United Grain Corp. (UGC) said Wednesday it has locked out members of the International Longshore and Warehouse Union (ILWU) from its grain export terminal in the Port of Vancouver, Wash., following alleged efforts to sabotage equipment there.
“UGC’s decision was based on evidence in an investigator’s report received Monday, February 25 that shows two significant attempts to sabotage export terminal equipment were carried out by a member of ILWU Local 4’s Labor Relations Committee who is also part of its bargaining team,” the company alleged, releasing copies of a letter from its attorney to the ILWU as well as a report from an investigator.
“Safe operation of our facilities must be our first priority. Deliberate attempts by an ILWU leader to damage equipment, disrupt operations and put coworkers at risk cannot be tolerated,” said Gary Schuld, president and chief executive officer of United Grain, in a statement.
“After reviewing clear evidence in the independent investigator’s report, we notified the union yesterday that we were terminating the individual responsible. Further assessing the situation we concluded that we cannot risk further vandalism that might disrupt safety or impede operations. Therefore this morning we notified the union of our intention to operate the terminal without ILWU labor,” Schuld added. “Law enforcement officials have been contacted. The investigator’s complete report and evidence is being turned over to law enforcement authorities to consider criminal prosecution."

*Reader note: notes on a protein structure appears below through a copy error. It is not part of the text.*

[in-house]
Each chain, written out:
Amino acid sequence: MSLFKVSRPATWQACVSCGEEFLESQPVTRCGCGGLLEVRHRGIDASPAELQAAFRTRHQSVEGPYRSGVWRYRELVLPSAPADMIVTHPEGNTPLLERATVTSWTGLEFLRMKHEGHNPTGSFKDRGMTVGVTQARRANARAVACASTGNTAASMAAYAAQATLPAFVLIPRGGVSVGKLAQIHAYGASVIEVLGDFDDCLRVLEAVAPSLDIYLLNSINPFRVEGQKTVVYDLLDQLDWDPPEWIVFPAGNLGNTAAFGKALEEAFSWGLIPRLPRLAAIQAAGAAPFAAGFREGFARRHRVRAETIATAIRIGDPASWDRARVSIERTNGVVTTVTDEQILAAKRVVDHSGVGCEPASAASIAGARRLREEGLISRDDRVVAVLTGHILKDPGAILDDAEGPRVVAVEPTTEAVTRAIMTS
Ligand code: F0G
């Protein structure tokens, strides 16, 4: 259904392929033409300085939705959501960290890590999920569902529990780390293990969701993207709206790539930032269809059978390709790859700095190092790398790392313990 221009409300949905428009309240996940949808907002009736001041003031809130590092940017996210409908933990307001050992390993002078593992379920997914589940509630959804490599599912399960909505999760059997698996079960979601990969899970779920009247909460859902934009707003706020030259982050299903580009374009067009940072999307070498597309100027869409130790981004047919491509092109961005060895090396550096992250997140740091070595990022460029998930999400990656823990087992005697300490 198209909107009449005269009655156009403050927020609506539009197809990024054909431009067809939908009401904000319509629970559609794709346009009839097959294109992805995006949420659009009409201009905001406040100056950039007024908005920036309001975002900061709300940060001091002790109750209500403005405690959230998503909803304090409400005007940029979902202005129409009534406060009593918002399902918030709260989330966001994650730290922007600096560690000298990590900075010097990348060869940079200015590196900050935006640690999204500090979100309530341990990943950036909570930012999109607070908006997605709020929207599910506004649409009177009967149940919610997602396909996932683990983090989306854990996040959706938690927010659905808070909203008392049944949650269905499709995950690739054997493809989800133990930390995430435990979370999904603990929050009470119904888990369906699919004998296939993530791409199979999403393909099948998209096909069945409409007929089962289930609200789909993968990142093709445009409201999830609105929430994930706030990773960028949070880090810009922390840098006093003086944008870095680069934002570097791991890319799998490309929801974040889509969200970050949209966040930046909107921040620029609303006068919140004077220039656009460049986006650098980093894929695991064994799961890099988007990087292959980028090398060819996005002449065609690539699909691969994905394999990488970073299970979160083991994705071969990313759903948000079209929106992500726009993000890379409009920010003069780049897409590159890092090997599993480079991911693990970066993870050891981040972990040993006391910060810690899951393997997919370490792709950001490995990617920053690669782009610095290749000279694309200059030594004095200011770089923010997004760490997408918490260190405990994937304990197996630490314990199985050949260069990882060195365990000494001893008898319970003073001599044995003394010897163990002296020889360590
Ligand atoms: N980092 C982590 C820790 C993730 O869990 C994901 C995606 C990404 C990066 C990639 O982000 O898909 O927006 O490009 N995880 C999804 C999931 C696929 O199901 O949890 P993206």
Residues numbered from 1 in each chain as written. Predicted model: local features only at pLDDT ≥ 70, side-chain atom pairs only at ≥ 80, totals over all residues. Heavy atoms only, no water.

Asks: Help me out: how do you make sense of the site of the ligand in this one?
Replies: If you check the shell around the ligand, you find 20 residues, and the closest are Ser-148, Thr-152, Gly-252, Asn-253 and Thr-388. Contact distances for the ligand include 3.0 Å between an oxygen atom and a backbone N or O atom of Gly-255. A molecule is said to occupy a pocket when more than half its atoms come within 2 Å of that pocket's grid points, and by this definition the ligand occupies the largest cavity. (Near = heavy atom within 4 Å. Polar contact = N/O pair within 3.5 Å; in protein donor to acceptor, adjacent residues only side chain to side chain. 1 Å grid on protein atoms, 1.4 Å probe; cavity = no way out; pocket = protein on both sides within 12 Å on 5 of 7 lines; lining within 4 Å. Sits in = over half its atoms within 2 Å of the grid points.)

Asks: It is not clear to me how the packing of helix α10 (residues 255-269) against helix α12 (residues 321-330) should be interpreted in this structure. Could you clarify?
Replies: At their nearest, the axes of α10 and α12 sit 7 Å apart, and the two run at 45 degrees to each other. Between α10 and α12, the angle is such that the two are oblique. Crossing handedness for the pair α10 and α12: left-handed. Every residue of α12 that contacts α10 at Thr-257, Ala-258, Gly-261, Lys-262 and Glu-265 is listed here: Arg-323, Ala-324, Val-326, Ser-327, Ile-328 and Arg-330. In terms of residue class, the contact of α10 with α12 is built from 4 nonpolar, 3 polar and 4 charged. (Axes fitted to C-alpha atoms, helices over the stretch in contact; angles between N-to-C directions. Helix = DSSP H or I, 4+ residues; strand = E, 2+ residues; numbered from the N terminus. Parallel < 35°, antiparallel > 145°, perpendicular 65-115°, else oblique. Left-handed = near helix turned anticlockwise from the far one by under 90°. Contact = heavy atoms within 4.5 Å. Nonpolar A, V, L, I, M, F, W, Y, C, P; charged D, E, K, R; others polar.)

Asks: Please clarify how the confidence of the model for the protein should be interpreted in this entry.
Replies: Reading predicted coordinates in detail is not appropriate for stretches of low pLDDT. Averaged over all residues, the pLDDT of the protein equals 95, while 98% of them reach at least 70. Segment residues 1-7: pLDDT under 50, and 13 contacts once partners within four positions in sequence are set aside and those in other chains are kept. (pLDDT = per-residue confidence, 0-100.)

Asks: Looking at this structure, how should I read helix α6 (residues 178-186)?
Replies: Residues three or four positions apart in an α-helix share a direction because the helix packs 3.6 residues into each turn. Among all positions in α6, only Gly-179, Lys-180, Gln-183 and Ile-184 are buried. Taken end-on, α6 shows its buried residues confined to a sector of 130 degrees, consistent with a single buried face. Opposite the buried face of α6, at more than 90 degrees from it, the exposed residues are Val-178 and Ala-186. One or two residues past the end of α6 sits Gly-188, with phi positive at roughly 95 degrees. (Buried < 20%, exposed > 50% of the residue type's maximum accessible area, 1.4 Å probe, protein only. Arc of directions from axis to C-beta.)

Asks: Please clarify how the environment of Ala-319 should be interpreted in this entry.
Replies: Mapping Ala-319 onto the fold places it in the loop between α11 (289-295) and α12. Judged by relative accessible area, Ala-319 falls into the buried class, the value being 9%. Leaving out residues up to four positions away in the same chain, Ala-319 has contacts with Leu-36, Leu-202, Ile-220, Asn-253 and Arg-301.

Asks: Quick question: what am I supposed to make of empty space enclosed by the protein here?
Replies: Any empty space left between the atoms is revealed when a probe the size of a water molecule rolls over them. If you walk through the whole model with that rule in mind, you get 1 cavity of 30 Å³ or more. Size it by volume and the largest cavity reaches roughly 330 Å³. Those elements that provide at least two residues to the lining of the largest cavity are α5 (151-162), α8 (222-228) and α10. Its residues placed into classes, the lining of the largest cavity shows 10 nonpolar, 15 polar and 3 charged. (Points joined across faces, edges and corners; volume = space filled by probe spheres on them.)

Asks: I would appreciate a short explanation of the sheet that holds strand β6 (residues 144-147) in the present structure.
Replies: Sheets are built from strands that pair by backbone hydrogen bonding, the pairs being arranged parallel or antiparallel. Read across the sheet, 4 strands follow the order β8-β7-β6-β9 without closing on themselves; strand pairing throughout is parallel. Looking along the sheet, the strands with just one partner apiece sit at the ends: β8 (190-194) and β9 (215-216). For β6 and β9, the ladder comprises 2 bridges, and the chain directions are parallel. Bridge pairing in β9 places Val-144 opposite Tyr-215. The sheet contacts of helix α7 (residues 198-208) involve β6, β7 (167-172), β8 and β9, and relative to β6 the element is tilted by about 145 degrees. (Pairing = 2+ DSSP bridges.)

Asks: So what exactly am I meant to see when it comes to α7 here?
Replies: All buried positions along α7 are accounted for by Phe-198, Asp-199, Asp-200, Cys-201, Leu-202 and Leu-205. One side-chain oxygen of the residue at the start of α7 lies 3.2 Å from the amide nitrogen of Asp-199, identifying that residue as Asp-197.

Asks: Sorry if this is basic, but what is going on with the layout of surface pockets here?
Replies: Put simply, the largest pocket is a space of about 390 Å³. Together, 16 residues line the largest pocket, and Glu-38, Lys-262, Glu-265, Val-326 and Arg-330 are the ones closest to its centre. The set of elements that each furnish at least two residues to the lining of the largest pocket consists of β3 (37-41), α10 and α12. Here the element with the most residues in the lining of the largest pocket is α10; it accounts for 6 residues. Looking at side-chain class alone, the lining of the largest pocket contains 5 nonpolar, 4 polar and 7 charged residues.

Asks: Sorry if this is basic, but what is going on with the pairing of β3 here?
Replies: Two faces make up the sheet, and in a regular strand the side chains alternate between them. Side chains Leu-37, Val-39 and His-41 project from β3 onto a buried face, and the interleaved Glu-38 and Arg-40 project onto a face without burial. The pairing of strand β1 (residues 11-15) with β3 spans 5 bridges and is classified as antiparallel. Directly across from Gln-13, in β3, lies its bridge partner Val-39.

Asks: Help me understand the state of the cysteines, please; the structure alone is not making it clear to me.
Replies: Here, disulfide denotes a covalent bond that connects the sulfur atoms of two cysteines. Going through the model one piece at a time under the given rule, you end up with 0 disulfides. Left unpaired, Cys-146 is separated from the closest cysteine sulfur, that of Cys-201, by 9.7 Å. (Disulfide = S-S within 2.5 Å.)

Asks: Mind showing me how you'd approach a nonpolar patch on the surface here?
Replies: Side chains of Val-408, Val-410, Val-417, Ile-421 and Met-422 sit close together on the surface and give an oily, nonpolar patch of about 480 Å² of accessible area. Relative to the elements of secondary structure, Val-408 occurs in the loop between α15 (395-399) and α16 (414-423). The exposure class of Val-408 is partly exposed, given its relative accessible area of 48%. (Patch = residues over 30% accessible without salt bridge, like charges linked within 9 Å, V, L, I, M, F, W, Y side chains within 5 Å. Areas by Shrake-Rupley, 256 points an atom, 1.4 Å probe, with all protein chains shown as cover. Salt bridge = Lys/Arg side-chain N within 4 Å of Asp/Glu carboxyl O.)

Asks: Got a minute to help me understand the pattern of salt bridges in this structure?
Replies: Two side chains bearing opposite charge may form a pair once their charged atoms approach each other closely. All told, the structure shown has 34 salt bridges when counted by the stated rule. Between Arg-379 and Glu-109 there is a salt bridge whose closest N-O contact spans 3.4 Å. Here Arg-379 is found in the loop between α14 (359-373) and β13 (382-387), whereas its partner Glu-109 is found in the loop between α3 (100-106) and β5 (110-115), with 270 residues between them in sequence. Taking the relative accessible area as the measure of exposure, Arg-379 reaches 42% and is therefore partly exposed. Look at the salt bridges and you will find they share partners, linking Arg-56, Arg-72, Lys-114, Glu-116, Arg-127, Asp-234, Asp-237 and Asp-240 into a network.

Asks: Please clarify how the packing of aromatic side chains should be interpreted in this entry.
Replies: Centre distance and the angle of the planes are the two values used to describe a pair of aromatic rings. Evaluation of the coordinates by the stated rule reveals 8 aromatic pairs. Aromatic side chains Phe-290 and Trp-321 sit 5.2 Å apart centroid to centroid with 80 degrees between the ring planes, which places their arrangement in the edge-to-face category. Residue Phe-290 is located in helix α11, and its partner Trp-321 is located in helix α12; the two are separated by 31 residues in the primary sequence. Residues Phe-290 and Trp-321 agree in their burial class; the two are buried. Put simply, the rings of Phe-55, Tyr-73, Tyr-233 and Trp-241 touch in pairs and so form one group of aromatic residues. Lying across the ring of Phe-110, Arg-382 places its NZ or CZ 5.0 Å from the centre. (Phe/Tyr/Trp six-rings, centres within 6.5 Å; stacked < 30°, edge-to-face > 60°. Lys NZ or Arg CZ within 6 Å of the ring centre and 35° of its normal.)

A letter from UGC’s attorney said alleged incidents involved “deliberate introduction of a metal pipe approximately two feet long into UGC's conveyor system as well as the intential introduction of a sand an water mixture into the railcar progressor ad the UGC facility on the same date.”
"United Grain and its Japanese owners at Mitsui have failed to negotiate in good faith with the men and women of the ILWU for months, and instead chose to aggressively prepare for a lockout, spending enormous resources on an out-of-state security firm," said the ILWU Coast Longshore Division, in an emailed statement.
"Mitsui-United Grain has fabricated a story as an excuse to do what they’ve wanted to do all along, which is to lock workers out instead of reach a fair agreement with them. It’s no coincidence that Mitsui-United Grain has chosen to throw out unfounded charges by an unnamed 'investigator' just days after the union membership ratified an agreement with Mistui-United Grain’s American competitors at Temco in Portland, Kalama and Tacoma," the union said.
Meanwhile, ILWU Locals 23, 21, 19, 8 and 4 and U.S.-based grain company TEMCO, LLC today jointly announced that they have ratified a five-year interim collective bargaining agreement covering three TEMCO grain export facilities in Portland, Tacoma, and Kalama. The agreement will be signed and implemented on March 9, and is subject to modification given the details of a final agreement between the ILWU and the Pacific Northwest Grain Elevator Operators.
TEMCO is a joint venture between Cargill, Inc and CHS Inc., which are U.S. companies based in Minnesota.
Neither side provided details of the contract, but both said the agreement was “workable” for both. - Chris Dupin